“Thank you, Jamie. You are a good friend.” Her behavior wasn't particularly deserving of a good friend right now.

“Old friends usually are,” he said with a crooked smile. “Otherwise you would never have kept me this long.”


Rather than risk the streets as a pedestrian where one might be accosted by magicians, Catherine rode a streetcar home. The first leg of the journey took her to the harbor where a few military ships were anchored. She stepped down from the streetcar and joined the people who were gathered to watch the sun glinting off the water, or to admire the warships at anchor.

Catherine paused to admire the colors of the water, seeking inspiration. It was beautiful but without her hat the wind kept throwing her hair back in her face. It was too annoying to remain long so she left.

Sally had been minding the shop all day and was alone when Catherine crossed the threshold. Sally gave a cursory recap of the customers and sales and asked briefly about Catherine's trip to the bakery. Catherine decided to omit any mention of the hat thief being a wizard to shield her sister from worry, but Sally took the wrong conclusion from the retelling.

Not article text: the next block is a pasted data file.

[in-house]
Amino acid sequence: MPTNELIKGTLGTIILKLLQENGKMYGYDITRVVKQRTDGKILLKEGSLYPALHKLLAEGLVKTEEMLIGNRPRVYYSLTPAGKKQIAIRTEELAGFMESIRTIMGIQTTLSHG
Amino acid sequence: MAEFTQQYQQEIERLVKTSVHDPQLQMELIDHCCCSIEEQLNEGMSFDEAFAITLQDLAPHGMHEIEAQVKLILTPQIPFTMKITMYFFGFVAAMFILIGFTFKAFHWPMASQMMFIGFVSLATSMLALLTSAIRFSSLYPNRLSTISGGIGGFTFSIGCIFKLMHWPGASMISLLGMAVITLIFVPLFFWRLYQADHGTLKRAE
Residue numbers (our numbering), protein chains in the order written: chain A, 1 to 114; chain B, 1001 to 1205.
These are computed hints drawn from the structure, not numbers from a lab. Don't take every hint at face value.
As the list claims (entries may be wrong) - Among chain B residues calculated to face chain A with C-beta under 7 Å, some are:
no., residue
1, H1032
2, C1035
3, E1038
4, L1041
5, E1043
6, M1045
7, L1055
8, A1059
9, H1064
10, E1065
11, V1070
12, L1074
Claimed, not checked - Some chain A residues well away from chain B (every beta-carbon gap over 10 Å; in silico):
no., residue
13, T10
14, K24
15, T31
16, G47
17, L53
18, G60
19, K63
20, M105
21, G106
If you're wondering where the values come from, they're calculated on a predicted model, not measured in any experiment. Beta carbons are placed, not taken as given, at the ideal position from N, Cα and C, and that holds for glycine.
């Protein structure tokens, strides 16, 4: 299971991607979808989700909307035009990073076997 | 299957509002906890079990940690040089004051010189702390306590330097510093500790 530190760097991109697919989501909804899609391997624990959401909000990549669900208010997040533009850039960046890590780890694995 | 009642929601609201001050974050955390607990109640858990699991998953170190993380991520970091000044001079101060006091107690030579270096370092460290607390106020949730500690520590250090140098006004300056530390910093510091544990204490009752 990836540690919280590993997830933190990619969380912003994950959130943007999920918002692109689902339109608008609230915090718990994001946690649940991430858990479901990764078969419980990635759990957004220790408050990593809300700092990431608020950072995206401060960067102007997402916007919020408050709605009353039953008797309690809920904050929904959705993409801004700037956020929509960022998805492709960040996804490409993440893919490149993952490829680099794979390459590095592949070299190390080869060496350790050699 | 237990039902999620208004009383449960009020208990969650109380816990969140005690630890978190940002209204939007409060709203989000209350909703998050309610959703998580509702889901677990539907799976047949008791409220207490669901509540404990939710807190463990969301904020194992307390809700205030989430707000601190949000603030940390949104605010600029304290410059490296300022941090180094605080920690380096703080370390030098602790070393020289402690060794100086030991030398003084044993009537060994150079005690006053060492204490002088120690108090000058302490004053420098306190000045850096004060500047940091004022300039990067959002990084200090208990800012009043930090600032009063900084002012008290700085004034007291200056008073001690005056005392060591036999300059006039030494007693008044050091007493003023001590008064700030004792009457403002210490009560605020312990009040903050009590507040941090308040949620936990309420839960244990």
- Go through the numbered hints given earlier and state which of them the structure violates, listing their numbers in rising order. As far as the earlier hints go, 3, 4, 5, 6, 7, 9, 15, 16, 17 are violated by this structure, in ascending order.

“Do you think this criminal will steal other Morland hats?” Sally wondered. “On the one hand, our hats are so amazing that everyone wants them. On the other hand, who wants to buy something that is going to be stolen from you?”

Catherine tried to amend her story to dampen Sally's sensationalism but that only prompted Sally to ask probing questions that Catherine would rather not answer. In one last bid to change the subject, Catherine offered to watch the shop until closing if Sally wanted to step out.

Having been cooped up in store all day while her eldest sister went about at leisure, Sally jumped at the opportunity, shucking her shop apron and flinging it at Catherine, checking her reflection as she positioned her hat, and calling out a goodbye as she opened the front door.

The bells hanging from the door had stopped ringing their welcome cacophony before Catherine could muster her own goodbye in response.

With a sigh, Catherine glanced around the room. She rarely was up front these days, spending her time instead with teaching the new apprentices, meeting with wealthier clients about bespoke pieces, and reviewing the books and settling accounts with various tradespeople. Now, however, as she looked, she saw Sally's influence over everything.